The mining giant Rio Tinto has won the dismissal of a case that would have required it to counter allegations of complicity in human rights abuses in Papua New Guinea's Bougainville province.
The ruling, by the United States Court of Appeal, ends a legal battle launched in 2000 by thousands of Bougainvilleans, represented by Seattle lawyer Steve Berman.
The case was based on a claim that the London-based mining company conspired with the PNG government to quell civil resistance on Bougainville to its Panguna copper mining operation, causing thousands of deaths.
In 2010 the appeal court ruled that the case could be heard under an 18th century ruling allowing foreigners injured by a violation of international law to take legal action in the US.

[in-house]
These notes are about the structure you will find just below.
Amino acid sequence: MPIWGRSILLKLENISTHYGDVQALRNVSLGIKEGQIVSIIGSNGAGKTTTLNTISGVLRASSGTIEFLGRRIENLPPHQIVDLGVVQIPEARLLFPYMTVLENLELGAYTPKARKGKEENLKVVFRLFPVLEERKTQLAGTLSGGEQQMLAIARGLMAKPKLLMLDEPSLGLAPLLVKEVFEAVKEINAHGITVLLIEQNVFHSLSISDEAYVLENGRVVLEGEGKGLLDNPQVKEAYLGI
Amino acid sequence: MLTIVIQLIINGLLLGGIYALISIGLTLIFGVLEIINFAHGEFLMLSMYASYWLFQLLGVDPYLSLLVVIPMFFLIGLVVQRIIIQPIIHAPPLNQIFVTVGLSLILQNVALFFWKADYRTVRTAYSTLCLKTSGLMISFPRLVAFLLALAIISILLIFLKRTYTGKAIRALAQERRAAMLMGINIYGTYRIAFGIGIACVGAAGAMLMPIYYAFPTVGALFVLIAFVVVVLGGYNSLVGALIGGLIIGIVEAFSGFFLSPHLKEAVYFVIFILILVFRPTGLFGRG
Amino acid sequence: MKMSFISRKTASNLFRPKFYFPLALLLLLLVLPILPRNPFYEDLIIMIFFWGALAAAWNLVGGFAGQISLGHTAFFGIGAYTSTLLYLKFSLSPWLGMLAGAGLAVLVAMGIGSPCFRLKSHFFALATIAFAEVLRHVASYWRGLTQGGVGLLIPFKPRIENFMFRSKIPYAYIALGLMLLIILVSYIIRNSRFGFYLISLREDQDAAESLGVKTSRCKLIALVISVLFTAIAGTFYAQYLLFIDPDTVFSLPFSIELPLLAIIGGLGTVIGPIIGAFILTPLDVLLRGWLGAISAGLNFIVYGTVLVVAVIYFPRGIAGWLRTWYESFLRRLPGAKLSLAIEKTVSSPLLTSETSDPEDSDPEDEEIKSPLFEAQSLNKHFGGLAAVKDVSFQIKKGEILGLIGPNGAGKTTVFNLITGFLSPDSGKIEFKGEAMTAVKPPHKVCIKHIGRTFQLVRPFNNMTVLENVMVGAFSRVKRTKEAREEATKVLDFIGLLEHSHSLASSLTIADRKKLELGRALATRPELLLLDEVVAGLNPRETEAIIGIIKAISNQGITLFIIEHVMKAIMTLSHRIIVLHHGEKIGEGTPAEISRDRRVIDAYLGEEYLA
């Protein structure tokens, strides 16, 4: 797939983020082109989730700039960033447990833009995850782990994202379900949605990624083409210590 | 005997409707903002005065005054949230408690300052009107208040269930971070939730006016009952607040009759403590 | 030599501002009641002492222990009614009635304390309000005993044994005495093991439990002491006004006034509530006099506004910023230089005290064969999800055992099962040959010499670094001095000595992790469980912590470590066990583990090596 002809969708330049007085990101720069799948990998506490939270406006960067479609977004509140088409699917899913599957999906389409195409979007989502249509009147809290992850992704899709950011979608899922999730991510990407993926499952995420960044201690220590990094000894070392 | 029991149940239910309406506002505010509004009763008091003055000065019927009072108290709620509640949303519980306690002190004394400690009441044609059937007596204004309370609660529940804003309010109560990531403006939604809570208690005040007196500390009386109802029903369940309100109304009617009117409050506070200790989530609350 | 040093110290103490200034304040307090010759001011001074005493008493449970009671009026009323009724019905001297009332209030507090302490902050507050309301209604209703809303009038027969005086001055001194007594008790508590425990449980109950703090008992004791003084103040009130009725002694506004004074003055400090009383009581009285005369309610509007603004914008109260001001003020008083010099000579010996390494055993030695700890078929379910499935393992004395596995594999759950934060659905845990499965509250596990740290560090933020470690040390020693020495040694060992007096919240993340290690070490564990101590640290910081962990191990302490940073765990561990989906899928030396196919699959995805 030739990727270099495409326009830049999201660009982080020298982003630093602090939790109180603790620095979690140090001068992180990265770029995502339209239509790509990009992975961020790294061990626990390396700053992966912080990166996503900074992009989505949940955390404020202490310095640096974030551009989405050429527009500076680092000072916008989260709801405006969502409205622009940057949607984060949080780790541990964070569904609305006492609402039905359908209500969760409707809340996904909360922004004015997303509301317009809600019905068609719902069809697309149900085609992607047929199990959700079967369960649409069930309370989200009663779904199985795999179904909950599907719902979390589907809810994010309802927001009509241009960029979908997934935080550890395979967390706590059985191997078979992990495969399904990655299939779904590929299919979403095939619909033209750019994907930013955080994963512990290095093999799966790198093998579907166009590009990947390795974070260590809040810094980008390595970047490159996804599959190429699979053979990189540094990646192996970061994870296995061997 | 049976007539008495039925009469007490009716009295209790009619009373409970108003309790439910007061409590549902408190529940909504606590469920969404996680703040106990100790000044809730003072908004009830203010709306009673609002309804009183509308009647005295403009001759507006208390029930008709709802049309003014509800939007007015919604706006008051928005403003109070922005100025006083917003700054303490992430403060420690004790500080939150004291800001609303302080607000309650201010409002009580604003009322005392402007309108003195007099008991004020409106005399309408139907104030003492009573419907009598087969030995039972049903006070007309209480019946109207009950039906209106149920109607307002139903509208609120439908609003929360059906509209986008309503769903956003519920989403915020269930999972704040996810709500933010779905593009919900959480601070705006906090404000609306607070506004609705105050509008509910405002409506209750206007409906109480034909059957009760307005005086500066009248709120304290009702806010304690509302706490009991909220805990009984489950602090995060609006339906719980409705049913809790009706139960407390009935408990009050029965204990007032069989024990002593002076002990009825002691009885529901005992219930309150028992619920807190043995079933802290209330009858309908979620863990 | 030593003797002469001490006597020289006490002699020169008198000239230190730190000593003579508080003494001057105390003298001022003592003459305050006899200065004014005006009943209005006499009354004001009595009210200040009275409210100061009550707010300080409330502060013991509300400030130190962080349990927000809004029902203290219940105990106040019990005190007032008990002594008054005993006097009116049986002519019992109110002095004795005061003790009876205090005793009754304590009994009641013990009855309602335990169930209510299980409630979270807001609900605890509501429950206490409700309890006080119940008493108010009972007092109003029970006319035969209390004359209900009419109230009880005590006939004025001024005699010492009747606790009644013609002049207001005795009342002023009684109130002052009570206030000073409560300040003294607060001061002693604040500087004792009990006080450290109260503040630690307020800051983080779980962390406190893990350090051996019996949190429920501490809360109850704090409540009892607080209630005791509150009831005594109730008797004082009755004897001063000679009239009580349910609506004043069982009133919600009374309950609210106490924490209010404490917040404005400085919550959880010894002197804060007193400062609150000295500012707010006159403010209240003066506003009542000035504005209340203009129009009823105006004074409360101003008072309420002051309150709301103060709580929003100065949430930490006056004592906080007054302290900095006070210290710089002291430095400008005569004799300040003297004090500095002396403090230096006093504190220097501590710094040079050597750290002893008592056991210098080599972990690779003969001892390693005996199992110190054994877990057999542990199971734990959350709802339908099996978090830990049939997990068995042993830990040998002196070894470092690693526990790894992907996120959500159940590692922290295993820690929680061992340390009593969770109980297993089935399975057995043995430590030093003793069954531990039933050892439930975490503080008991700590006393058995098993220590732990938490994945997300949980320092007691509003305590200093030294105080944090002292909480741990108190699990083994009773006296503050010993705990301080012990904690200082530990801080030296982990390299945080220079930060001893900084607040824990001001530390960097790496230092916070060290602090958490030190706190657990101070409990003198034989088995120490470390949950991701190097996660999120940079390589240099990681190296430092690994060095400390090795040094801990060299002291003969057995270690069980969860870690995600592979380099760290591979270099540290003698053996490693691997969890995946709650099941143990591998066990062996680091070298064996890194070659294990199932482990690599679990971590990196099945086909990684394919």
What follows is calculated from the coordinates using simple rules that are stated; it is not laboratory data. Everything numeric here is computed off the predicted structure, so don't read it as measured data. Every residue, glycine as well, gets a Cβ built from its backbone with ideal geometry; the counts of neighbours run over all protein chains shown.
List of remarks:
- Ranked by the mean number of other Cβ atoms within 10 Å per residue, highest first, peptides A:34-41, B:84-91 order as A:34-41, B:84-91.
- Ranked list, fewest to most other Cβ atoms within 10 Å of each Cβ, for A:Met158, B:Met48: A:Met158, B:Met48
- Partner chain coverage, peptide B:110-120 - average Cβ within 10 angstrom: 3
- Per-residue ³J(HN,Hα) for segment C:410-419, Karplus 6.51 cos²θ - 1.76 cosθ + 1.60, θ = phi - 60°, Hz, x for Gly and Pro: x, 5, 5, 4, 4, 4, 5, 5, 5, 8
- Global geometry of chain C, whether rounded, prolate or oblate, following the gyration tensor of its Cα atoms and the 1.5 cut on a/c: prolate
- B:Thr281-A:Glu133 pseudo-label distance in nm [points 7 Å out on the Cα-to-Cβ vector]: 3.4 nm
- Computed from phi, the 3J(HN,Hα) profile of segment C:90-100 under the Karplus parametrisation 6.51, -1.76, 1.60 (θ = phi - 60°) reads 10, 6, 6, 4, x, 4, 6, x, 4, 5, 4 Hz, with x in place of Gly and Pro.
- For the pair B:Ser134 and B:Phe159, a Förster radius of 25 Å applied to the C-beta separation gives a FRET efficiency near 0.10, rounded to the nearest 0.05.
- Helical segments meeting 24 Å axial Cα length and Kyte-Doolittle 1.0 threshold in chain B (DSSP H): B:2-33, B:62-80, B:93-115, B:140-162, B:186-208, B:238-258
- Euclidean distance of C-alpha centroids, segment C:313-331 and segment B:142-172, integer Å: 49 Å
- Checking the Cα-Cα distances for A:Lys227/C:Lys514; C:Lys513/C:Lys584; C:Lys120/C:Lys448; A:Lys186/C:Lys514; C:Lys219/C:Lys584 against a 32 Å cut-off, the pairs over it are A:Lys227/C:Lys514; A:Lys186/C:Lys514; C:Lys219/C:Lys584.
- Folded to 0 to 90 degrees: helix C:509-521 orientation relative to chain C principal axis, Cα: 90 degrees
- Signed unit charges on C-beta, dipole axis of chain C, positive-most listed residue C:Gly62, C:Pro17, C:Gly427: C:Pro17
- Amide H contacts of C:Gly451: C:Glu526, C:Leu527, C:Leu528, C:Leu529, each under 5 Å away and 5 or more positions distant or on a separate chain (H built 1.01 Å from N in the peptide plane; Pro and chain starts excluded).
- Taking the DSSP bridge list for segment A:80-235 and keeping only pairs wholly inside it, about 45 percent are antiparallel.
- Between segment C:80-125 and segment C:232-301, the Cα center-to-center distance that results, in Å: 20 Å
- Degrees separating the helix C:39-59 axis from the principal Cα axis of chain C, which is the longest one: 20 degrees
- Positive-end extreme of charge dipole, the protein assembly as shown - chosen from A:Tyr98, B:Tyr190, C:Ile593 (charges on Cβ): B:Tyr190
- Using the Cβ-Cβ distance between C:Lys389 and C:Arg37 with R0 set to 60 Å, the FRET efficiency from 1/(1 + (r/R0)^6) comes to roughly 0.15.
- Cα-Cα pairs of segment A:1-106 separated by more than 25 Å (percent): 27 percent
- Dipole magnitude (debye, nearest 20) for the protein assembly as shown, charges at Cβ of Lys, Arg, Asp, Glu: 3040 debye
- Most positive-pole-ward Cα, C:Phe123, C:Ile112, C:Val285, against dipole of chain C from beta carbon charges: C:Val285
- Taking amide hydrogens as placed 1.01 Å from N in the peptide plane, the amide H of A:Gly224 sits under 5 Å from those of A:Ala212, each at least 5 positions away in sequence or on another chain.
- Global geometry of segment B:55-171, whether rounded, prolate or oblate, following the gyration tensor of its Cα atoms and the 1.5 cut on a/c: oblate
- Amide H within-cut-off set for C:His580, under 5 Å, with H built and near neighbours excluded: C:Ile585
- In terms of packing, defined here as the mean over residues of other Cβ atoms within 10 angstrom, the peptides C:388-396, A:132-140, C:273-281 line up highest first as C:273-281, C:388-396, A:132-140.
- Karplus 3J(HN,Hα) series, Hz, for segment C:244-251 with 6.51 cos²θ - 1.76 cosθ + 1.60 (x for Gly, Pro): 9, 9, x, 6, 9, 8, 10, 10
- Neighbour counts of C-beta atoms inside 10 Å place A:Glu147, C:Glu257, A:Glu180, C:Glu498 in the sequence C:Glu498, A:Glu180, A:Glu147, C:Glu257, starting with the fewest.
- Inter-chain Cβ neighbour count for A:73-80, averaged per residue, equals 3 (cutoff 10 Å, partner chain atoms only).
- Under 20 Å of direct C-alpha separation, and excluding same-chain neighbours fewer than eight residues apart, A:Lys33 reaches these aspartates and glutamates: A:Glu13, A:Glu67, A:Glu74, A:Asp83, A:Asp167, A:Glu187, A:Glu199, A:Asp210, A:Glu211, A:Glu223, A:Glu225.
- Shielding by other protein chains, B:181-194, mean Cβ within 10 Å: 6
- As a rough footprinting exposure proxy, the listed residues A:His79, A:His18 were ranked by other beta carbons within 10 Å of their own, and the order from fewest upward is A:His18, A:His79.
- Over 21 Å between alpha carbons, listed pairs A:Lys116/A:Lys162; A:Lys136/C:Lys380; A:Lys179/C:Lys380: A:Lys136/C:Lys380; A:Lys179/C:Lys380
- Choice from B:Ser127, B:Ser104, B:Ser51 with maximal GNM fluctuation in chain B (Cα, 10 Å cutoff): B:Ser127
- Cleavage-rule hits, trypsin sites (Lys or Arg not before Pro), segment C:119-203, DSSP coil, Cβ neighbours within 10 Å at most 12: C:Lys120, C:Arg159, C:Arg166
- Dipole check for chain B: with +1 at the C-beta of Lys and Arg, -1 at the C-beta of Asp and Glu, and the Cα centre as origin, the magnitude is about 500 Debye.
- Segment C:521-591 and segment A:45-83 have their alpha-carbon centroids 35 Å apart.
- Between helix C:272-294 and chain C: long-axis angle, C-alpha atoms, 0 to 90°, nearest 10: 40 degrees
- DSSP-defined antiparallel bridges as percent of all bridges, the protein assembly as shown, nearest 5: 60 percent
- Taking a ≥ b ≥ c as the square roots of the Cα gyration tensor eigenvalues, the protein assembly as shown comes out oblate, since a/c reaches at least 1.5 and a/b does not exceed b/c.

But Reuters reports that after an April Supreme Court ruling overturned that decision, Mr Berman asked the appeal court to return the case to the Los Angeles district court so the plaintiffs could proceed with other claims.
A panel of 11 appellate judges used as a precedent an earlier Supreme Court ruling that limited the scope of the Alien Torte Statute to international law violations occurring in the United States.
It was agreed in that ruling that violations elsewhere must "touch and concern" US territory "with sufficient force" to overturn that definition.